Perspectives Geoscience Blog

Advice for new graduates entering the exploration and mining industry

Apr 5, 2018 1:14:45 PM / by Jenna McKenzie, Elisabeth Ronacher

From time to time, we are asked to talk with University students about transitioning to working in industry. This is something we both really enjoy doing. We can relate to all of the questions and the uncertainties students feel while they are studying, and just what could lay beyond the ivory tower.

We both love working in the exploration industry; it is exciting and offers a great balance of personal growth, scientific inquiry and application of knowledge. The industry itself often debates whether undergraduate programs are adequately teaching their students the necessary tools required to work in exploration and mining industry. Quite frankly, it is just not possible to cover all of the required skills in a four-year undergraduate program, nor should that be the purpose of the undergraduate program.

Here are three critical skills we feel are necessary for graduating students to tackle a career in mineral exploration:

  1. Critical Thinking

The fundamental basis of a university education is to develop critical thinking, no matter what the subject may be. The definition outlined by Clive Tunnicliffe is excellent: “The ability to analyze facts, generate and organize ideas, defend opinions, make comparisons, draw inferences, evaluate arguments and solve problems” are all integral skills when working in mineral exploration. As geoscientists, we are analysing several datasets, with complicated geological settings, often of a disparate nature. We make hypotheses, argue over the best approach (often passionately!) and ultimately try to solve the problem i.e. where is the ore deposit?

  1. Learning the Fundamentals

In geology, you may learn about mineralogy, rock identification, the principles of structural geology. In geophysics, it may be learning the physics of potential or electromagnetic fields, or deriving response from first principles. At university, students learn  the nuts and bolts of the science of the discipline they chose. From there, you take this knowledge with you and apply it to the task at hand.

JennaNote from Jenna “When I first started out as a geophysicist, I helped design and carry out a large scale ground gravity program in the high arctic. There was a lot of time spent in the field, waiting for the instruments to level and record data. I spent a lot of time thinking about what the expected gravitational response would be and how to calculate the various corrections. It was odd that I could spend literally months on a subject that the professor covered in one half hour of one lecture. But it was the correct amount of time to spend in university. There have been many times that I have worked for weeks or months on a given subject that was only devoted one or two lectures by the professor. There is no possible way, in a rapidly evolving industry, that the professors could have predicted and therefore taught exactly what I needed to learn in any given moment, but they did give me the tools required to tackle the elements of I have so far faced in my geophysics career.”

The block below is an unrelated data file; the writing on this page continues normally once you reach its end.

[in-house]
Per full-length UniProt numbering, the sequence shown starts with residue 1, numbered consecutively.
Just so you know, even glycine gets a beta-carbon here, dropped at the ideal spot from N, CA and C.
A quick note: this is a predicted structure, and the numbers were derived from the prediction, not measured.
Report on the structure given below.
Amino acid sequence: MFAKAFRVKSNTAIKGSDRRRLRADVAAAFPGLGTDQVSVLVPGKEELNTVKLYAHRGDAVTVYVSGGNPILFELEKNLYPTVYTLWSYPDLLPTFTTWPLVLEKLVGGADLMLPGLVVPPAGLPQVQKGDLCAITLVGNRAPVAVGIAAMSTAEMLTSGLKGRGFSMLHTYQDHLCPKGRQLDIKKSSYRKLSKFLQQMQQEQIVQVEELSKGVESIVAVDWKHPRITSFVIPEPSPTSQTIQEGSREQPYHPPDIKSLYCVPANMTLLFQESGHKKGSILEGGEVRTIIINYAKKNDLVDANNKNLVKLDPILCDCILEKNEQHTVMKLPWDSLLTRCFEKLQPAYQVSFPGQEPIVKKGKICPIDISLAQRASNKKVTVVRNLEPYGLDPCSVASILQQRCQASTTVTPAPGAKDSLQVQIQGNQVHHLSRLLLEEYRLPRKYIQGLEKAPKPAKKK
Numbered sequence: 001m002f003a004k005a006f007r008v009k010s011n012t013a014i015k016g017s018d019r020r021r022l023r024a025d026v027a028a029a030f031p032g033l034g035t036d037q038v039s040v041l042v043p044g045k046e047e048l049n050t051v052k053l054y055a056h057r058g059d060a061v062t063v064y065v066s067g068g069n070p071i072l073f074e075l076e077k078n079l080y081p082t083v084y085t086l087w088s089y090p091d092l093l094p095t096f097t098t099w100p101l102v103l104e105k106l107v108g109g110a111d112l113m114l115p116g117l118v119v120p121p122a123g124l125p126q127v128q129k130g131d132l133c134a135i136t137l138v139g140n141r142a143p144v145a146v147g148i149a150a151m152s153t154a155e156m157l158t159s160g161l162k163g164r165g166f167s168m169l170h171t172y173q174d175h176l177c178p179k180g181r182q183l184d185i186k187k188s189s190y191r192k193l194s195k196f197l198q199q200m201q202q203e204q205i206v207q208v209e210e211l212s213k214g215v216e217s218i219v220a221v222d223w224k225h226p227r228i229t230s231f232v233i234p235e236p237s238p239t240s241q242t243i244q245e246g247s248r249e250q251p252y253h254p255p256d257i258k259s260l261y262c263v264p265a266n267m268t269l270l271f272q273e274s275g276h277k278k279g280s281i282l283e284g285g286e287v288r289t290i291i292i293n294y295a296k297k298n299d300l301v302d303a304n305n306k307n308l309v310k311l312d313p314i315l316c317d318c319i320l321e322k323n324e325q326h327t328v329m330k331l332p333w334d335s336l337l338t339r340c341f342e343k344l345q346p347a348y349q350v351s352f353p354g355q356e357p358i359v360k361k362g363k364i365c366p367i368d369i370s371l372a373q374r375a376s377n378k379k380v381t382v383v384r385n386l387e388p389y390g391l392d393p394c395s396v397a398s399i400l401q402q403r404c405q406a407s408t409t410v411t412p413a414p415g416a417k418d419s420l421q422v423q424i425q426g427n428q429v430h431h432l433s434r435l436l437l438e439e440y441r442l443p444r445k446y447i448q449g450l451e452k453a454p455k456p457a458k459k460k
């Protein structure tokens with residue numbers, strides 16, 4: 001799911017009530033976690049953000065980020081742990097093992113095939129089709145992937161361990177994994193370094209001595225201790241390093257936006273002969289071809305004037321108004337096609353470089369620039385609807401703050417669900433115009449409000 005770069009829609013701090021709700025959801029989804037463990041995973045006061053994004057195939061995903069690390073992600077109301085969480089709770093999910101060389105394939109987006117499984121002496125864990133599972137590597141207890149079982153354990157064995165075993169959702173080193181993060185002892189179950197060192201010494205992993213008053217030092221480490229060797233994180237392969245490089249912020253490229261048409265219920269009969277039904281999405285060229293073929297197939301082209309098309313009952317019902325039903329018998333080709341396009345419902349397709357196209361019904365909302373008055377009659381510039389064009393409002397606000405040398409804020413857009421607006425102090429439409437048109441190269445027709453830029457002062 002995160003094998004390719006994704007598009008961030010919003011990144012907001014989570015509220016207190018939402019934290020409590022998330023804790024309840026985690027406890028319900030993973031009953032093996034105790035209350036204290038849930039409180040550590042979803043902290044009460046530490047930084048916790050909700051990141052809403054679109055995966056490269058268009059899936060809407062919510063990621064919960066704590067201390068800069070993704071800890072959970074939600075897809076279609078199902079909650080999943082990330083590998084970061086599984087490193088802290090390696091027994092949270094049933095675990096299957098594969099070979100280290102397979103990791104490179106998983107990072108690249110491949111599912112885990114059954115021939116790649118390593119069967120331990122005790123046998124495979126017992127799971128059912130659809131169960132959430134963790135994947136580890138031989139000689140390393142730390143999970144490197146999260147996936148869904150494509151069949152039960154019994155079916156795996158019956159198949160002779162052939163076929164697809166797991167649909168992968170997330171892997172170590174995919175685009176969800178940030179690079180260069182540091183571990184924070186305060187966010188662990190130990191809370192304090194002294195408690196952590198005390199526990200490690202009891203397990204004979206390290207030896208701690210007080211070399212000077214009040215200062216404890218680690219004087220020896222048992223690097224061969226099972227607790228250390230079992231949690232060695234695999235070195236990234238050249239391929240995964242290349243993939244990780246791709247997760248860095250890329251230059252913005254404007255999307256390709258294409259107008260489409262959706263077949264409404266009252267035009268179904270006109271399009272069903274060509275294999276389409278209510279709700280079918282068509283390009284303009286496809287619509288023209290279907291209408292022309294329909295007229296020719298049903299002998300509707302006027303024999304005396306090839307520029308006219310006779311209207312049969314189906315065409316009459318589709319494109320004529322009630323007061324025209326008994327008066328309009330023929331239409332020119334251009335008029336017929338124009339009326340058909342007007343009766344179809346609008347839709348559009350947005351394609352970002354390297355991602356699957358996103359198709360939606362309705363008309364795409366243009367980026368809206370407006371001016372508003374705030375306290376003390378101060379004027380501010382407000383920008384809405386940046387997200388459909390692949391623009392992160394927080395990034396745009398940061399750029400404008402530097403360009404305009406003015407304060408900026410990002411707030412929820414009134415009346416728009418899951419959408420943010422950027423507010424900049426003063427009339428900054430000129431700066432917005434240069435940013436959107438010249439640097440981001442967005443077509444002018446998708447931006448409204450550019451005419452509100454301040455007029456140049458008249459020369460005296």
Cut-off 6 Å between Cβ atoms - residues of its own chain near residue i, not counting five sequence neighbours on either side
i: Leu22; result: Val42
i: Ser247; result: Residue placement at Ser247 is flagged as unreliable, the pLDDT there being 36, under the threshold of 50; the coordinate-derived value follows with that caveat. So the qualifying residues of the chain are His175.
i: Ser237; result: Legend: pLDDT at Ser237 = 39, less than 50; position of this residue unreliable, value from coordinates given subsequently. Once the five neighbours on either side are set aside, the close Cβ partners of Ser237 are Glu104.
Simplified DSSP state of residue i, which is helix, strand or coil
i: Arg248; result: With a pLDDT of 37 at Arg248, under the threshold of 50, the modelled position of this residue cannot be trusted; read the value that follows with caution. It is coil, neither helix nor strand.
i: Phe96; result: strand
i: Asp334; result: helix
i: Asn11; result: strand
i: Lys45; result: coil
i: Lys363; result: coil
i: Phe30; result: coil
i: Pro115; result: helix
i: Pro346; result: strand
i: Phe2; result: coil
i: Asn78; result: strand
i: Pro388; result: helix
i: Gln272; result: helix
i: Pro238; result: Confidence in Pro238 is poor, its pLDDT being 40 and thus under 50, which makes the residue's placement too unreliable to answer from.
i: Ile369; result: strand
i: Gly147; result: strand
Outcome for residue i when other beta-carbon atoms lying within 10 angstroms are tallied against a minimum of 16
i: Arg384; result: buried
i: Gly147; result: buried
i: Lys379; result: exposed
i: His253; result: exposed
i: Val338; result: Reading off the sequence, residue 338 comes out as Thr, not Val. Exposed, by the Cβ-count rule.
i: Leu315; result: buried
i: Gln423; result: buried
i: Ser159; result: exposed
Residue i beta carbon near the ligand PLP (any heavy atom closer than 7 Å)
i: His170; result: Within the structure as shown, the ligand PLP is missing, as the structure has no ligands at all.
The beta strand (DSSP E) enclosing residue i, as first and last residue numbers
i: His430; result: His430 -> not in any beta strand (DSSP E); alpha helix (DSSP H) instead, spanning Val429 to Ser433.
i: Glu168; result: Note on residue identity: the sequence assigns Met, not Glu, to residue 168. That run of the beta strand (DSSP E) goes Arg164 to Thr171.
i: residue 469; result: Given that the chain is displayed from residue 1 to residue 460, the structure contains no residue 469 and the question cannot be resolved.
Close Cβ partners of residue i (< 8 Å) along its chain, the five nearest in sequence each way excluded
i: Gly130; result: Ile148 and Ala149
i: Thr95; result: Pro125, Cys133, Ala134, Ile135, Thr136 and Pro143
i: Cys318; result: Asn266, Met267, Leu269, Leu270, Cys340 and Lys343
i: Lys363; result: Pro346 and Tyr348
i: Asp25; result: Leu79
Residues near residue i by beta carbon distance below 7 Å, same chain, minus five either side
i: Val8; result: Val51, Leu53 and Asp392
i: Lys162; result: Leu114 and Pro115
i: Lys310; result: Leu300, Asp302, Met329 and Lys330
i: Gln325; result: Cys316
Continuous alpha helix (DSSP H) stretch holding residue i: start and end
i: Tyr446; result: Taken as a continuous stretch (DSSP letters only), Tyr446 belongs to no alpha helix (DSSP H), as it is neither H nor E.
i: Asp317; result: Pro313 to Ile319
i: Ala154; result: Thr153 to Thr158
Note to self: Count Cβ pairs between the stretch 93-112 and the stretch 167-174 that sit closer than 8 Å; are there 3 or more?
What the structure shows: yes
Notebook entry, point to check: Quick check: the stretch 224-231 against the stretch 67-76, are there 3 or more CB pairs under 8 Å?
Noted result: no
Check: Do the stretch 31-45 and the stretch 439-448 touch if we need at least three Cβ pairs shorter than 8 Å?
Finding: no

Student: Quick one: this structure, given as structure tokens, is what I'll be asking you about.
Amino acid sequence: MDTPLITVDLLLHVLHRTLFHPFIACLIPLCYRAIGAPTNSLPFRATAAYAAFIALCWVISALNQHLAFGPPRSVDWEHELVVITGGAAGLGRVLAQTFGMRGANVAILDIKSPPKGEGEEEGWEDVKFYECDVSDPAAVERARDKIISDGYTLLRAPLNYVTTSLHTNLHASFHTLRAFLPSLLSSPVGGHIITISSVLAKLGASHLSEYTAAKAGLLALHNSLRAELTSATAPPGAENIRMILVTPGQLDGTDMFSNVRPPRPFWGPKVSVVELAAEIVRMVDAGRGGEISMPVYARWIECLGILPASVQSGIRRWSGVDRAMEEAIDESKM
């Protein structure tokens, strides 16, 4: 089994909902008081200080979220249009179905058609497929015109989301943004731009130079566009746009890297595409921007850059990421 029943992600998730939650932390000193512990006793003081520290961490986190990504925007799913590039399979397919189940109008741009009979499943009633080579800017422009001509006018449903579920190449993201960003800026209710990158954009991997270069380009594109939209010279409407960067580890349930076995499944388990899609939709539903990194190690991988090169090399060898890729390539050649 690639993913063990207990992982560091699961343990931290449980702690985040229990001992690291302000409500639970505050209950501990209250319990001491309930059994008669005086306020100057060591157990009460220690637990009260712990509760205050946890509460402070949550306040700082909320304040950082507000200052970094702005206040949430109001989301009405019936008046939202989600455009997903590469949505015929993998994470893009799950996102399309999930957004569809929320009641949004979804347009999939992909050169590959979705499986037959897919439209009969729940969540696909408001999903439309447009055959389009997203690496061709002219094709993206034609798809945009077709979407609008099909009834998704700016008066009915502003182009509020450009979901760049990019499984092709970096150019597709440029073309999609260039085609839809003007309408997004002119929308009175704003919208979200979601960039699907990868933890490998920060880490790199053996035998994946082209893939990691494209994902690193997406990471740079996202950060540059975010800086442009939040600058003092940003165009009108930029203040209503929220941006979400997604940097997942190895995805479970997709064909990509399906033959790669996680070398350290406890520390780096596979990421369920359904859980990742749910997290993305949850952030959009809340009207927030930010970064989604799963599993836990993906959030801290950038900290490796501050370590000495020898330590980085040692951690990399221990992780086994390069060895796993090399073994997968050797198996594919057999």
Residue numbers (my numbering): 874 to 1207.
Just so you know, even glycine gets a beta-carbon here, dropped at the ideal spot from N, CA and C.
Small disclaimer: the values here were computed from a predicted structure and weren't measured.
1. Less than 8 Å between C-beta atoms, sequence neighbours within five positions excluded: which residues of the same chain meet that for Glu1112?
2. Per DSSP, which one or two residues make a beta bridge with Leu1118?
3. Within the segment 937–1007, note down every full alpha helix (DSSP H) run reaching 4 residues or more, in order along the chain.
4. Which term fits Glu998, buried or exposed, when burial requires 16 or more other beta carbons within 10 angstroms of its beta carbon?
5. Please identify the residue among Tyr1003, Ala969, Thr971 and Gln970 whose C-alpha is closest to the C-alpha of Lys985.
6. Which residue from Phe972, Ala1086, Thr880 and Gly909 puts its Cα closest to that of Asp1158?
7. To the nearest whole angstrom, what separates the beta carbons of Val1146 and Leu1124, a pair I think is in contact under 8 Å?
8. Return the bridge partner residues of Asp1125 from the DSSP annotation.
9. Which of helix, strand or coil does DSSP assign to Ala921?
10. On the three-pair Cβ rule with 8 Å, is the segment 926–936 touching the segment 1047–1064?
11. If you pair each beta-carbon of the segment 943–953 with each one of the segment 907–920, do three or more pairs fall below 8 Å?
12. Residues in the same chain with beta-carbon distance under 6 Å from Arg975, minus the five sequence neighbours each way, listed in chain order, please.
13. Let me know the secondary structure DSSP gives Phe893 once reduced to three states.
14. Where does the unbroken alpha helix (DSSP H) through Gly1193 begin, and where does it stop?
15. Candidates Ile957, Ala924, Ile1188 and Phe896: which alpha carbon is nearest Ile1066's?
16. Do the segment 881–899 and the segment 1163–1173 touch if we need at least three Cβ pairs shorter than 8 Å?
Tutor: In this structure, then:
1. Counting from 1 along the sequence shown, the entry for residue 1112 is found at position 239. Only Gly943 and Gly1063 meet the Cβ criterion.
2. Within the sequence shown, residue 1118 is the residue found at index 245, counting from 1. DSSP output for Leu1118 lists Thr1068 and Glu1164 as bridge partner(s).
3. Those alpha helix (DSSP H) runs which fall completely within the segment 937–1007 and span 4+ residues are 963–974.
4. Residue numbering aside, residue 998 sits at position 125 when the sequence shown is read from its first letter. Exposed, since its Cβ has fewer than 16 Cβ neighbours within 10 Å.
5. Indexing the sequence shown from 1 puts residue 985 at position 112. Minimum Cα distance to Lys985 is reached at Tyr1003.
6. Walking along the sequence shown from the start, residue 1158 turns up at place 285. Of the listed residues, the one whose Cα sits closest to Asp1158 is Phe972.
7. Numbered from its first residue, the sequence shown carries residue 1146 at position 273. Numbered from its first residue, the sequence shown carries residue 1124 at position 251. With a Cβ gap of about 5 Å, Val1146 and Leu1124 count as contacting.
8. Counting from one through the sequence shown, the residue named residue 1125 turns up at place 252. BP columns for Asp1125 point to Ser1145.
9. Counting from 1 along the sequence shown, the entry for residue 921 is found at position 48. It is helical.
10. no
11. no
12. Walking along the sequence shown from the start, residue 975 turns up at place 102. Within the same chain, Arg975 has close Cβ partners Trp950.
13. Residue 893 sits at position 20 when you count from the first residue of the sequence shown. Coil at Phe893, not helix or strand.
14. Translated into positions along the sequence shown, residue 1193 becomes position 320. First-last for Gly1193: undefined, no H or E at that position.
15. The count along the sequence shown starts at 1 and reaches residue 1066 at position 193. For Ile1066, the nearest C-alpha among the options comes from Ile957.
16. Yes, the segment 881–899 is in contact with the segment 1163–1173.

1. Developing an Ability to Learn

We have a saying at Ronacher McKenzie: “if we don’t know something on Friday it doesn’t mean we won’t know something about that thing on Monday”. Challenges are presented to us all the time that have no previous template. There are also several soft skills that will be required of students: project management, budgeting, social awareness in communities, lands management, this list goes on. These skills are learnt “on the job” and are more easily absorbed in a positive and motivating environment, which Ronacher McKenzie tries to provide to our team. Mentors can also help new team members to advance quickly.

ElizabethNote from Elisabeth: “I have had many chances to work in a new and exciting geologic environment, often in situations that have never been previously studied. For example, I had the opportunity to work on the Decar awaruite deposit in British Columbia a few years ago. Most nickel deposits are mined for nickel sulfides but at Decar, the ore mineral is awaruite, a nickel alloy. There were no textbooks on how to explore for awaruite at that time. The genesis of such deposits was not well understood. The team working on this exploration project had to devise new protocols for exploring including completely new assaying protocols. Being part of this team was really exciting because we learnt something new every day.”

Congratulations to all of the students graduating in the geosciences this year. We wish you the best on your budding careers and hope you will take your critical thinking, fundamental knowledge and ability to learn to help bring your career to new heights.


Tunnicliffe, Clive (2010). Teaching Able, Gifted and Talented Children: Strategies, Activities and Resources. SAGE Publications Ltd. 144 p.

Topics: Industry Contributions, Speaking Engagements, Meet The Team

Jenna McKenzie, Elisabeth Ronacher

Elisabeth Ronacher and Jenna McKenzie are the founders of Ronacher McKenzie Geoscience.